Cara Delevingne claims men don't have the 'right tools' to sexually please women trends now

Cara Delevingne claims men don't have the 'right tools' to sexually please women trends now
Cara Delevingne claims men don't have the 'right tools' to sexually please women trends now

Cara Delevingne claims men don't have the 'right tools' to sexually please women trends now

Cara Delevingne has claimed men do not have the 'right tools' to sexually please a woman.

The model, 30, made the bold statement in her new six-part BBC Three docuseries, Planet Sex, where she talks to scientists and activists about sexuality and meets LGBTQ+ people from all over the world.

She explores 'the orgasm gap' in the first episode, following reports that 95 percent of heterosexual men orgasm during sex while just 65 percent of straight women do.

'It's just a lot more complicated': Cara Delevingne has claimed men do not have the 'right tools' to sexually please a woman in her Planet Sex documentary

'It's just a lot more complicated': Cara Delevingne has claimed men do not have the 'right tools' to sexually please a woman in her Planet Sex documentary

The Vogue cover star said: 'I do feel that generally men are not equipped with the right tools to be able to handle women, especially sexually.

'For me, the earliest ideas I ever got taught about sex were man plus woman, d**k plus vagina equals orgasm.

'I don't want to go into the art of making a woman come, but it's just a lot more complicated and a lot more fun.'

Elsewhere, Cara admitted that she still struggles to be 'open' about her sexuality as she spoke candidly in the documentary.

Wow! She explores 'the orgasm gap' in the first episode, following reports that 95 percent of heterosexual men orgasm during sex while just 65 percent of straight women do (pictured in May 2022)

Wow! She explores 'the orgasm gap' in the first episode, following reports that 95 percent of heterosexual men orgasm during sex while just 65 percent of straight women do (pictured in May 2022)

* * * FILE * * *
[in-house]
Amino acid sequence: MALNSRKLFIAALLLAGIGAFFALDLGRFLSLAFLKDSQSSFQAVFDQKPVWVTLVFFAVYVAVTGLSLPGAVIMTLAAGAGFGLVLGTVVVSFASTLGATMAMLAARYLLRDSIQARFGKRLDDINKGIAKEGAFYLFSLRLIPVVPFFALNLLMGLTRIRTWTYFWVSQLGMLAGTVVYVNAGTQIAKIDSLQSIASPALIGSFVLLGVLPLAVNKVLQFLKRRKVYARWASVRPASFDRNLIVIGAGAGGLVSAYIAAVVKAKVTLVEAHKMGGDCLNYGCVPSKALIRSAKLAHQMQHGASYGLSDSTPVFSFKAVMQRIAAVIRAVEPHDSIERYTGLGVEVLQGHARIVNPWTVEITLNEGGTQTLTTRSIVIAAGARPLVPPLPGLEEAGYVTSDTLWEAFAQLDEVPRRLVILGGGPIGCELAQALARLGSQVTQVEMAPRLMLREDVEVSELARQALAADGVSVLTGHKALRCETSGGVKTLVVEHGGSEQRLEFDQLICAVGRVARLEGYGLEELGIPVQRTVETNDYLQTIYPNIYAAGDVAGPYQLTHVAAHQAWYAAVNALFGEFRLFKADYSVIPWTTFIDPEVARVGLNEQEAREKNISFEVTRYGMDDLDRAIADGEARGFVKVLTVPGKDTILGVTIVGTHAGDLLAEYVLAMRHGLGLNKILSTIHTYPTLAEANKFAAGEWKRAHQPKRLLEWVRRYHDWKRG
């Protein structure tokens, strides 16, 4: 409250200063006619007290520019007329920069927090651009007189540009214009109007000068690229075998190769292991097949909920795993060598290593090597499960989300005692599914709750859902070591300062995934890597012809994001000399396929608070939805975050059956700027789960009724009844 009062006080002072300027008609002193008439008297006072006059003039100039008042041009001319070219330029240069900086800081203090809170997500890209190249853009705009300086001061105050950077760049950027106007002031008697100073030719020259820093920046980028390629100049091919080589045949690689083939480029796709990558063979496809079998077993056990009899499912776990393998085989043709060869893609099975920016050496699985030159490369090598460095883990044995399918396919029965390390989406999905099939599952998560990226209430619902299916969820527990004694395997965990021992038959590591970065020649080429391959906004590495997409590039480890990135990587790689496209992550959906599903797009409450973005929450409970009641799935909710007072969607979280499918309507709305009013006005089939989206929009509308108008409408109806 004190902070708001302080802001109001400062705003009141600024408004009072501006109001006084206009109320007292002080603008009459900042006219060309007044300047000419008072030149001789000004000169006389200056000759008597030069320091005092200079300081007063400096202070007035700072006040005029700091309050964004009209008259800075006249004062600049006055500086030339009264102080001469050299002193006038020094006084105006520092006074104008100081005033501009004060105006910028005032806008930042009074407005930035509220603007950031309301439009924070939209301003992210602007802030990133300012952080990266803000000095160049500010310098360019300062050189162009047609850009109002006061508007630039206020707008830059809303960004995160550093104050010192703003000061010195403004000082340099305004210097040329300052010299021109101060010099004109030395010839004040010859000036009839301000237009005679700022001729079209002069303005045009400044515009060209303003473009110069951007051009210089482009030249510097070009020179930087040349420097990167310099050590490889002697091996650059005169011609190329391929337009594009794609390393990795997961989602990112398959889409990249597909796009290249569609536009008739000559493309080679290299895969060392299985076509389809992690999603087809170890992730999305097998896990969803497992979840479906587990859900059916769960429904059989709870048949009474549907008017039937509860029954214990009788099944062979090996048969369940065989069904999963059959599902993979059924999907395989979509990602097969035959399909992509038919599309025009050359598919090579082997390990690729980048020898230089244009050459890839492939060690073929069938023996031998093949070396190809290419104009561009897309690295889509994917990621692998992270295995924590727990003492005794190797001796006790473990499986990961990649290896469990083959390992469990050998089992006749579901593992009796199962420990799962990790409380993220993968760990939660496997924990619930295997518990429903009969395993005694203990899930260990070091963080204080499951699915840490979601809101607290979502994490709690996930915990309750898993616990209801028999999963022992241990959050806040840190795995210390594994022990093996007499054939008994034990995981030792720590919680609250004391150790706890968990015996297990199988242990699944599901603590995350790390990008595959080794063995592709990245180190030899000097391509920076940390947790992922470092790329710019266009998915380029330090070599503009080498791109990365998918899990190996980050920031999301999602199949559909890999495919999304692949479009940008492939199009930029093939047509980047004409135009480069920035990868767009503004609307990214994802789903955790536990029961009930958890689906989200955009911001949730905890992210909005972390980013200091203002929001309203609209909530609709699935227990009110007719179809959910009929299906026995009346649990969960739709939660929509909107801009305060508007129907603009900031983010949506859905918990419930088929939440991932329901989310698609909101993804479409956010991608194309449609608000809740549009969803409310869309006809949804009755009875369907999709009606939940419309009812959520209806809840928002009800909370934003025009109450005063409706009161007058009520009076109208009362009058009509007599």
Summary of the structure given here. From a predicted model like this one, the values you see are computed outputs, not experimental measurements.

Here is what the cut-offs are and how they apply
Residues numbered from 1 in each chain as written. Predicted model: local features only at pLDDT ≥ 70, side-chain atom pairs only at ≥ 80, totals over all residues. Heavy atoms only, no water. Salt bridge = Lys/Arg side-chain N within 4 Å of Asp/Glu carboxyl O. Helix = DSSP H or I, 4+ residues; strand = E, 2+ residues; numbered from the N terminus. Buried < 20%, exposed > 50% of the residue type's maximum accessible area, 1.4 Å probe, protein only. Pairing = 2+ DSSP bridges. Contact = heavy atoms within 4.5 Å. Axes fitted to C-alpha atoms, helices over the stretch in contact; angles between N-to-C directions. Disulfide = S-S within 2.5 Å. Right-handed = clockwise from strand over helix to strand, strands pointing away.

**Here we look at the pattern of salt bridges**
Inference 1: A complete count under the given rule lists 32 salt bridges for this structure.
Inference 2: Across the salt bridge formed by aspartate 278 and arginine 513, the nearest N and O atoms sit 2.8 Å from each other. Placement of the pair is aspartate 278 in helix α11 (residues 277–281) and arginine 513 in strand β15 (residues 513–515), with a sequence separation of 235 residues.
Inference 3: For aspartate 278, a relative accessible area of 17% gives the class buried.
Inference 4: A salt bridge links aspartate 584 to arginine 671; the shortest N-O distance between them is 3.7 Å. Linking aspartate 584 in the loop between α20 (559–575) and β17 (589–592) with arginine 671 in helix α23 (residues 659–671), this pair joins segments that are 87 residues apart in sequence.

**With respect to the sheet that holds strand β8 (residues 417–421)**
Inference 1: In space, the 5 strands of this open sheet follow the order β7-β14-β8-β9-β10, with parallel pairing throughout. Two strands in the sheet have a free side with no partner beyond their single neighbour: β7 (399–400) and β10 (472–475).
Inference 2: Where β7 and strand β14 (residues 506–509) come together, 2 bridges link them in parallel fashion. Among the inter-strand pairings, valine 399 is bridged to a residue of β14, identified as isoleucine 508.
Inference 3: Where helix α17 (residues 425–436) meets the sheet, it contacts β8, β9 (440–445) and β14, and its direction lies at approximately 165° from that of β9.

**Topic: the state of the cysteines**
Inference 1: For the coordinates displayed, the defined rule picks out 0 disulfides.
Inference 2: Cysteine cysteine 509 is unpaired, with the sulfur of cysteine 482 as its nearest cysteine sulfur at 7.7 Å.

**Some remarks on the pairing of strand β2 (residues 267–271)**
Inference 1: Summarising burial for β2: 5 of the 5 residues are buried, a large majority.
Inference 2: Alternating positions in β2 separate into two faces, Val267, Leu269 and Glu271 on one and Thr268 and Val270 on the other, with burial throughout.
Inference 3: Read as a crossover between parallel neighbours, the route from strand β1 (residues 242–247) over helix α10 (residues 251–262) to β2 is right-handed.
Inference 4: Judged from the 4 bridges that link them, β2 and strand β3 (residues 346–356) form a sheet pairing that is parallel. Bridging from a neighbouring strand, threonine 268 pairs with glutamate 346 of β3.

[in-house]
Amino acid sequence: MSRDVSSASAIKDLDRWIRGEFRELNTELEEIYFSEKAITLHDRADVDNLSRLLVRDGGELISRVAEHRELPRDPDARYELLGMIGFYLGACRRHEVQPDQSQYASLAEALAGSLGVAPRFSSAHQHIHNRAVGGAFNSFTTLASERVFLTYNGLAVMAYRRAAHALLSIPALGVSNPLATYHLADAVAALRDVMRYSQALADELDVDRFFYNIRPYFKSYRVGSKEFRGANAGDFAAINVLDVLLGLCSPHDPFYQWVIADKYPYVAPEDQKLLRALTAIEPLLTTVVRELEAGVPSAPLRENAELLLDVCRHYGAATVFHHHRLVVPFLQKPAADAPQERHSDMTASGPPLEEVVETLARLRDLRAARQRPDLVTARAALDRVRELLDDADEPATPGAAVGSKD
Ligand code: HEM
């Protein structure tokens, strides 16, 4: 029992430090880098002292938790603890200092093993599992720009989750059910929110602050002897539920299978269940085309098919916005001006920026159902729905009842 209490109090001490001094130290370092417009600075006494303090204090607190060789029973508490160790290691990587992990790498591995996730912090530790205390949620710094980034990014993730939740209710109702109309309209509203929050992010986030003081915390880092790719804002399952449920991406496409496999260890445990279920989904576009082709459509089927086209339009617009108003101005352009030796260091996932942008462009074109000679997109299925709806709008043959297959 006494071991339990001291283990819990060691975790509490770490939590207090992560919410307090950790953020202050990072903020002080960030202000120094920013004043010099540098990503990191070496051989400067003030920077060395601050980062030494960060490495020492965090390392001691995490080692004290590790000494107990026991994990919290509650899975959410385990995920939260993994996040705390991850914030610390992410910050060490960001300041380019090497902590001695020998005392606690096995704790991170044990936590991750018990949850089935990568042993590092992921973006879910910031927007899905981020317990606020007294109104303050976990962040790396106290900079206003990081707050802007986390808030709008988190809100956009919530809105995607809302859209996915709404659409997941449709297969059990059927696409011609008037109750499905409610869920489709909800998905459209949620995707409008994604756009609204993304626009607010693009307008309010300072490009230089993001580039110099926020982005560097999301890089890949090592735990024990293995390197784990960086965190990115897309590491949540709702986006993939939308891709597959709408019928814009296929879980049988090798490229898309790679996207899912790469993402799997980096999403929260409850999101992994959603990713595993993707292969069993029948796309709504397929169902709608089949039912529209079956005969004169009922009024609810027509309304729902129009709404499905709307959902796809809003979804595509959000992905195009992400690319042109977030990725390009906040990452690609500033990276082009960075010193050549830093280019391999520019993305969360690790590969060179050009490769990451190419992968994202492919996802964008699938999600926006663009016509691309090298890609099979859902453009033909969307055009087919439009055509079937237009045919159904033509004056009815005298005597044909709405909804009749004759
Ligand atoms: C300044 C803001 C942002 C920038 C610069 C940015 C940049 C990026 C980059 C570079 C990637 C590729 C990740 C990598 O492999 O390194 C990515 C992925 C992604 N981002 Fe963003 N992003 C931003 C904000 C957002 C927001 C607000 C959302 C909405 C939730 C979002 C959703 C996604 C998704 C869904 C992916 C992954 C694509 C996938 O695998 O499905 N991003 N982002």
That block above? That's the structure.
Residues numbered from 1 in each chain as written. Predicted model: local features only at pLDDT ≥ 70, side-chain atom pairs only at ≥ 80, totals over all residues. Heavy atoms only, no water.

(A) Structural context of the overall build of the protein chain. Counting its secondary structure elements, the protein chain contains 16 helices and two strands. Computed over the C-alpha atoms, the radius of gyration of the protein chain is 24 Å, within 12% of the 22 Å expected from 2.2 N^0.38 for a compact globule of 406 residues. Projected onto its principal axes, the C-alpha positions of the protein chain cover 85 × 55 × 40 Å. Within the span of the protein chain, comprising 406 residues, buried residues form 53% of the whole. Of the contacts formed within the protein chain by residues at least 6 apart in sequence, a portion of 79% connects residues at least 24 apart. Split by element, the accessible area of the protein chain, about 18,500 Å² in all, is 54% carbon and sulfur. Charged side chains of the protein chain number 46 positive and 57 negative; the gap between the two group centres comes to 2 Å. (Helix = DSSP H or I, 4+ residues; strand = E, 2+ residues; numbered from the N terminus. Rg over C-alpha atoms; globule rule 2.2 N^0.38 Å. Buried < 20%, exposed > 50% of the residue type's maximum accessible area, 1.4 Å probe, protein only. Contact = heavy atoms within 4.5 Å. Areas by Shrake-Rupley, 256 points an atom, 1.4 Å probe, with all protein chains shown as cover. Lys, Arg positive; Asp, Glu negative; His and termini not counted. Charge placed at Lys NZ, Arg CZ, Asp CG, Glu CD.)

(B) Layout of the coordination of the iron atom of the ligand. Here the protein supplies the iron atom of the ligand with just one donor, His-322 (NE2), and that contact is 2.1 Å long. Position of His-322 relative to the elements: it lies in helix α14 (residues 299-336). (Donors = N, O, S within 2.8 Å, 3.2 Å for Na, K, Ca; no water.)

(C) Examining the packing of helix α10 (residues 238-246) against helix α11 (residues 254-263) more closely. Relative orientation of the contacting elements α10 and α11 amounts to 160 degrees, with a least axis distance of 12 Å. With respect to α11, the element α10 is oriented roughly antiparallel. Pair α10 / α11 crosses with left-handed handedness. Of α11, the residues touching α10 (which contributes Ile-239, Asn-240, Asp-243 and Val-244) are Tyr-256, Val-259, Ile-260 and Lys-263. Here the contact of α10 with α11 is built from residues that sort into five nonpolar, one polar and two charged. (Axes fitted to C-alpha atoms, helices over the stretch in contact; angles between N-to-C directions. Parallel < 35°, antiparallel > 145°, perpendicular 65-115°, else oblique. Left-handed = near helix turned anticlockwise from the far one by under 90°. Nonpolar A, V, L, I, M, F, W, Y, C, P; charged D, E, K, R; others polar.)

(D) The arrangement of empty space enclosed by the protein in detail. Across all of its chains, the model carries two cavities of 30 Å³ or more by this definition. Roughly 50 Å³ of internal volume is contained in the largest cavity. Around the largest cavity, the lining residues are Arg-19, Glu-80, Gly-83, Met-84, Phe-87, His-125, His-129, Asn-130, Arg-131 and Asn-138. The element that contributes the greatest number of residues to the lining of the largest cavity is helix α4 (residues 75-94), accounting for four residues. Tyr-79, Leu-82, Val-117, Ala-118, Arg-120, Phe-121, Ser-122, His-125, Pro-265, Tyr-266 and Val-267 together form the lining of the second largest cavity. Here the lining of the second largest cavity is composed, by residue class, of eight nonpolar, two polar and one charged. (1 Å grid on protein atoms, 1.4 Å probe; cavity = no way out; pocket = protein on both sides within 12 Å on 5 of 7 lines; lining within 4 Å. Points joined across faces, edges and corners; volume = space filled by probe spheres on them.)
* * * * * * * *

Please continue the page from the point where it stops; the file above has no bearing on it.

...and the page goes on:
The actress, who identifies as queer and gender fluid, said she was on a 'very personal journey' into her sexuality with the programme.

Since its release on BBC iPlayer on Thursday, Planet Sex has already started trending on social media as viewers have started binge-watching the six episodes.

Reflecting on her own sexuality in episode two, Out and Proud?, Cara admitted that she still struggles with being 'really open' about how much 'I love women'.

She said she grew up with a lot of 'shame' surrounding her sexuality and said she felt she was never a part of the LGBTQ+ community due to her 'internalised shame'.

Candid: Elsewhere, Cara admitted that she still struggles to be 'open' about her sexuality as she spoke candidly in the documentary

Candid: Elsewhere, Cara admitted that she still struggles to be 'open' about her sexuality as she spoke candidly in the documentary

'I'm on a very personal journey into my own sexuality. You may or may not know I have had relationships with both men and women,' she explained in a voiceover.

'But I still struggle with being open - really open - about just how much I love women.'

'I grew up with a lot of shame is thinking, this isn't normal, this isn't human,' she added, saying her shame stopped her from coming out for a long time.

She said she dates women more than she does men, adding: 'Sexuality is a spectrum and mine wavers, but I'm probably, definitely more on the side of women. I like having sex with men, I just don't date them. I might though, you never know.'

Sexuality: The model, 30, who identifies as queer and gender fluid, said she was on a 'very personal journey' into her sexuality with her new six-part BBC series

Sexuality: The model, 30, who identifies as queer and gender fluid, said she was on a 'very personal journey' into her sexuality with her new six-part BBC series

Cara went on to explain that she doesn't believe in 'labels' to define her sexuality but said she has used them in the past, now identifying as queer and gender fluid.

The Suicide Squad actress admitted she feels like she hasn't lived a 'queer life' because of her grappling with homophobia and 'internalised shame'. 

She said: 'I've always believed in the no labels thing, but have then spent a lot of time saying 'I'm bisexual, I'm pansexual'. I'm queer, I 100 per cent can tell you I'm queer, I don't know what else I can say other than that.'

New show: The show sees Cara talk to scientists and activists about sexuality and meet LGBTQ+ people from all over the world to discuss topics including porn and the orgasm gap

New show: The show sees Cara talk to scientists and activists about sexuality and meet LGBTQ+ people from all over the world to discuss topics including porn and the

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